View more on these topics

Independent view – Peter Hargreaves

As in all legislation where somebody tries to cover all the bases, they inevitably find out that it is impossible to do so and when it is a desperate Government trying such a ruse, they eventually revert to common law.

The tax office tells us that it does not care whether any tax avoidance loophole does not contravene tax legislation, it is still going to find us guilty unless we tell it about the tax avoidance ruse first.

The FSA’s treating custo-mers fairly initiative is somewhat different. The regulator is quite rightly stressing that firms need to treat clients fairly in all dealings. Who could disagree?

However, defining fair is always going to be a diffi- cult if not impossible task. Fairness is a subjective issue. Having said that, there are some areas where it seems to me that charging structures do not seem to inherently treat clients fairly. In other words, a tiger is loose among the doves.

The most obvious area that one needs to look at care- fully is commission. We have all known that clients who proceed pay the commission that pays for the aborted cases.

Well, that would appear to mean that firms are treating the people who do not deal with them very fairly and the people that do deal with them (that is, their clients) unfairly. Oh woe is me, I am thinking.

So how does the green- eyed feline enter this tale? It all goes back to the story that the fund management industry tells about performance fees, which goes like this. Performance fees align the manager’s interests with those of the investor. If the fund does well, both do well. Perfect – where is the application form and pen?

So there it is. Performance fees clearly are the world’s answer to treating your cli- ent fairly. When the market is going up, the fund man- ager will be rewarded a little more for making money for the client so everybody is happy.

Some funds treat the client even more fairly by only giving more to the manager when they beat a benchmark – even better.

Where is the catch? What happens when the market goes down or if the manager fails to beat the benchmark?

They do not get the performance fee at all – splendid. The client can once smile again. He has been trea- ted fairly.

Let us summarise. If the market goes up or the fund manager beats the benchmark, the fund manager gets a bigger fee and the client is happy because his fund has done well.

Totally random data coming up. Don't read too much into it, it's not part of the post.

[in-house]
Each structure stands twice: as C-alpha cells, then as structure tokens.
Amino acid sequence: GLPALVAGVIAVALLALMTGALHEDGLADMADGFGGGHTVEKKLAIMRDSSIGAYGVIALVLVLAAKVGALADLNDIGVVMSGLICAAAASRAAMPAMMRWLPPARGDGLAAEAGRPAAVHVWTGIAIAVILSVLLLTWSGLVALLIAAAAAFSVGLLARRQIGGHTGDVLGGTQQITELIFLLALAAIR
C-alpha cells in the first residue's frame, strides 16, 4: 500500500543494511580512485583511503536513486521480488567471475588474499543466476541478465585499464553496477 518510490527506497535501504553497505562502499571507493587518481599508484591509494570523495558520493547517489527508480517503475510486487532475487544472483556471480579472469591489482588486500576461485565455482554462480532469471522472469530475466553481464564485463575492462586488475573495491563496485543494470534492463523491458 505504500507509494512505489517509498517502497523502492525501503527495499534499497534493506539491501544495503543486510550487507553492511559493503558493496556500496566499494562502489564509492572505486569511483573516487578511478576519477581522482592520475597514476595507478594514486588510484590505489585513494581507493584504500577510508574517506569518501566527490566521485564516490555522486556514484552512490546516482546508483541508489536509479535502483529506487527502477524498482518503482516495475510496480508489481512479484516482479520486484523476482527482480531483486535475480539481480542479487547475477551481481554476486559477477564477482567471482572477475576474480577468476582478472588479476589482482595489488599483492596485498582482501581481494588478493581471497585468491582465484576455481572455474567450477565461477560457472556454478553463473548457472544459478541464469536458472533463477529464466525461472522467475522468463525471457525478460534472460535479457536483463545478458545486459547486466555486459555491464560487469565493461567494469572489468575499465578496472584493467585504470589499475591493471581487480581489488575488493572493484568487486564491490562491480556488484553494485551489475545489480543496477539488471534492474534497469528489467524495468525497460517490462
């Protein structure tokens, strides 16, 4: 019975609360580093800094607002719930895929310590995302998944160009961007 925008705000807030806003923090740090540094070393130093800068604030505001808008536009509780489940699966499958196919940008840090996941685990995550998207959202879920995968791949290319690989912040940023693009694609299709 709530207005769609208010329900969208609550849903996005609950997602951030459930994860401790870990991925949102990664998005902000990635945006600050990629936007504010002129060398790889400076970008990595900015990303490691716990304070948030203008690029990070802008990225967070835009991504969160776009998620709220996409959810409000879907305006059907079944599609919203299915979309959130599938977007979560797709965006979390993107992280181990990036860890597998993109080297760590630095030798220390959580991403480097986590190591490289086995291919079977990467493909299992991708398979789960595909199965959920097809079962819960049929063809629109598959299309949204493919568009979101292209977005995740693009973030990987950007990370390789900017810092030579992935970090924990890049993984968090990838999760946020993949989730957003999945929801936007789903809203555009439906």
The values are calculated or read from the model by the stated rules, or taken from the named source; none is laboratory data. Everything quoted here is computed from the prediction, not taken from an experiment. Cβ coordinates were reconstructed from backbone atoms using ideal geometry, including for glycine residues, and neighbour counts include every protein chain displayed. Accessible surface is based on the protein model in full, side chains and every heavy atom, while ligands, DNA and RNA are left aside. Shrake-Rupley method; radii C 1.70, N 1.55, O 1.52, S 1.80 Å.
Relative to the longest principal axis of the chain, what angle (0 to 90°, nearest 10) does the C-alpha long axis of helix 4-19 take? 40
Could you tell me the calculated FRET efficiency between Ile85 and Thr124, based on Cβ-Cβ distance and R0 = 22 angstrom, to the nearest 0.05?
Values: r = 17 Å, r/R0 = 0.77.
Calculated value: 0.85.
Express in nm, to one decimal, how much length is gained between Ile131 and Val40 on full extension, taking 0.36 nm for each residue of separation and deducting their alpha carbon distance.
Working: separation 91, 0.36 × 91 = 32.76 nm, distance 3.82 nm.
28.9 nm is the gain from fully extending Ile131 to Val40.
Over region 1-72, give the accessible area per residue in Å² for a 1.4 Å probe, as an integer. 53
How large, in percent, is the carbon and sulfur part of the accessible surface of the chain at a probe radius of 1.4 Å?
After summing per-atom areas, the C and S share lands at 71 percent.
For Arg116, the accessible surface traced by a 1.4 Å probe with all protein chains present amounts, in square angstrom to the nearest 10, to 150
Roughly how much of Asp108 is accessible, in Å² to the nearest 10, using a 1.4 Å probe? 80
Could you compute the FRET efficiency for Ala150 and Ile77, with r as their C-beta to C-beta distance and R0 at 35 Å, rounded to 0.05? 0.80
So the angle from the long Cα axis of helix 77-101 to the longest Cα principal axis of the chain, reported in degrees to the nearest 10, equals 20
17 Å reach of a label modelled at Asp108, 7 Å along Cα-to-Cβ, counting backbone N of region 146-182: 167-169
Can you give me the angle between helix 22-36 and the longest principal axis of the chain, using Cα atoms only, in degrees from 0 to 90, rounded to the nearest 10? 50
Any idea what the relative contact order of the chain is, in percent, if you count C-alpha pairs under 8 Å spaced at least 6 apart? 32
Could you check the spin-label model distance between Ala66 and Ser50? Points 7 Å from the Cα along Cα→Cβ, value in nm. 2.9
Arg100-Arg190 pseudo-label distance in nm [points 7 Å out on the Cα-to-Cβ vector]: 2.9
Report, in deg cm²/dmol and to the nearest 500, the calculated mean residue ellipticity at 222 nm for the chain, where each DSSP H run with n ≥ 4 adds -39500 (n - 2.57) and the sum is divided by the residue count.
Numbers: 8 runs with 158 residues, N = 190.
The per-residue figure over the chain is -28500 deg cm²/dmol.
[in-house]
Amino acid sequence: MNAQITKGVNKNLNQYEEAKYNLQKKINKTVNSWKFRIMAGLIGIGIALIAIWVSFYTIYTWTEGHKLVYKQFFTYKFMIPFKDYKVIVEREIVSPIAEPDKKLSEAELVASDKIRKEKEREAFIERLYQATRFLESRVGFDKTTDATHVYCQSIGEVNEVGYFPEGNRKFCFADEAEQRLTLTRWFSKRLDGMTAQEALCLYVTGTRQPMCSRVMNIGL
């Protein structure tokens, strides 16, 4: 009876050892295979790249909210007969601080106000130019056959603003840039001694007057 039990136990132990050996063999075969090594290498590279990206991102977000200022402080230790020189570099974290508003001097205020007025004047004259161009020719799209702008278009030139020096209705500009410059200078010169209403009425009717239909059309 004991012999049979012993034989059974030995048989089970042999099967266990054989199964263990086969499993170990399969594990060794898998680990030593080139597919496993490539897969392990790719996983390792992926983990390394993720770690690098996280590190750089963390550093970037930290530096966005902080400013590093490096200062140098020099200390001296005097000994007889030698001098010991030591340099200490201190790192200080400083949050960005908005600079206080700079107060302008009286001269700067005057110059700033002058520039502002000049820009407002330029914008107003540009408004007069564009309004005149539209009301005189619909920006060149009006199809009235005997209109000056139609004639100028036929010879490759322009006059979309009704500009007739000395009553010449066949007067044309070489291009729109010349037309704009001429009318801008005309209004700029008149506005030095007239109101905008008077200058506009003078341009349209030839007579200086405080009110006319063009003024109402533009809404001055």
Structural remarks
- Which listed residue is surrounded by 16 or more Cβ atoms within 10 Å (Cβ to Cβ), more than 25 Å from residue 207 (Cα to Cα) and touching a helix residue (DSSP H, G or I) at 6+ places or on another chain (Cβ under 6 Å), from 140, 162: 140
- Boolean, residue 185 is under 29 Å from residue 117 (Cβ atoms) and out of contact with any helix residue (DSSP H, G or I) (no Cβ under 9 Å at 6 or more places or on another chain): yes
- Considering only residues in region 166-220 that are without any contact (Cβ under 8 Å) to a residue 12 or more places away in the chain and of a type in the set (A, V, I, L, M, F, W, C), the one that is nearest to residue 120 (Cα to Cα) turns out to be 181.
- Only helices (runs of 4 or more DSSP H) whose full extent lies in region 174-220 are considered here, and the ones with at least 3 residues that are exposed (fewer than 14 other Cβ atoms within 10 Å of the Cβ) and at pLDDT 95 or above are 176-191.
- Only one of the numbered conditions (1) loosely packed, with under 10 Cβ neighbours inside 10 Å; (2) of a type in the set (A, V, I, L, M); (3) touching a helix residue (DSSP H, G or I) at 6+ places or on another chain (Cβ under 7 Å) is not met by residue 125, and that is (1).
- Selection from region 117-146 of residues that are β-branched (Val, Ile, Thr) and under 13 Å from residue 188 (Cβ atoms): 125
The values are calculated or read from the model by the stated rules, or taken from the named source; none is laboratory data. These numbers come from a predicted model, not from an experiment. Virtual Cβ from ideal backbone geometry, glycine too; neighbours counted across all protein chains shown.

When the fund goes down or the fund manager fails to beat the benchmark, they do not get a performance fee but are happy because they just get the basic fee.

Philosophically, they can say: ‘Well, I didn’t do it so I do not deserve it.”

Unfortunately, the poor old client has now realised he or she is in a duff fund or a duff market. So is the client happy and encompassed in the warm feeling that they have been treated fairly? Not bloom- ing likely.

The client has had their upside rewards diluted by performance fees. However, they have suffered the fall or underperformance totally and still paid the basic annual management charge.

In my opinion, performance fees only treat the client fairly if the fund manager suffers as much on the downside as they benefits on the upside.

Anything else treats the client unfairly – very unfairly – but does treat the manager superbly. Yes, if they have more on the upside, they should put in money on the downside.

I have never understood performance fees. Surely the best performance fee of all is increasing the value of the fund on which the fund manager takes their annual management.

They first increase the fund by performance and with exceptional performance by attracting new money. Surely that is enough.

It has made a few people exceedingly wealthy. The sad thing is that hedge funds have made an even bigger number of people obscenely wealthy when in some cases they have not achieved very much at all.

Peter Hargreaves is managing director of Hargreaves Lansdown


The IFP’s view

One of the fascinating things about the International FPSB meeting that I have just been attending in Cape Town is the level of different regulation around the world and the impact on certified financial planner professionals.

FSA tells IF to review exit fees

Intelligent Finance has been forced to review its exit fee charges after the FSA viewed its wording as unfair to customers. IFs terms allowed it to unilaterally increase its exit charge for mortgages within the all-in-one account. This was criticised by the FSA for using terms viewed as unjust. IF says it has worked with […]

Guide cover

Guide: Johnson Fleming produces auto-enrolment checklist

For a job as big as managing the auto-enrolment changes, it’s important to know what has been completed and what still lies in front of you to give you the reassurance that everything is in hand. Getting the planning and project management right at the outset can help you see the path ahead and ensure everyone knows their roles and responsibilities. To help with this, Johnson Fleming has produced a checklist outlining every step that needs to be taken when preparing for auto-enrolment.


News and expert analysis straight to your inbox

Sign up


    Leave a comment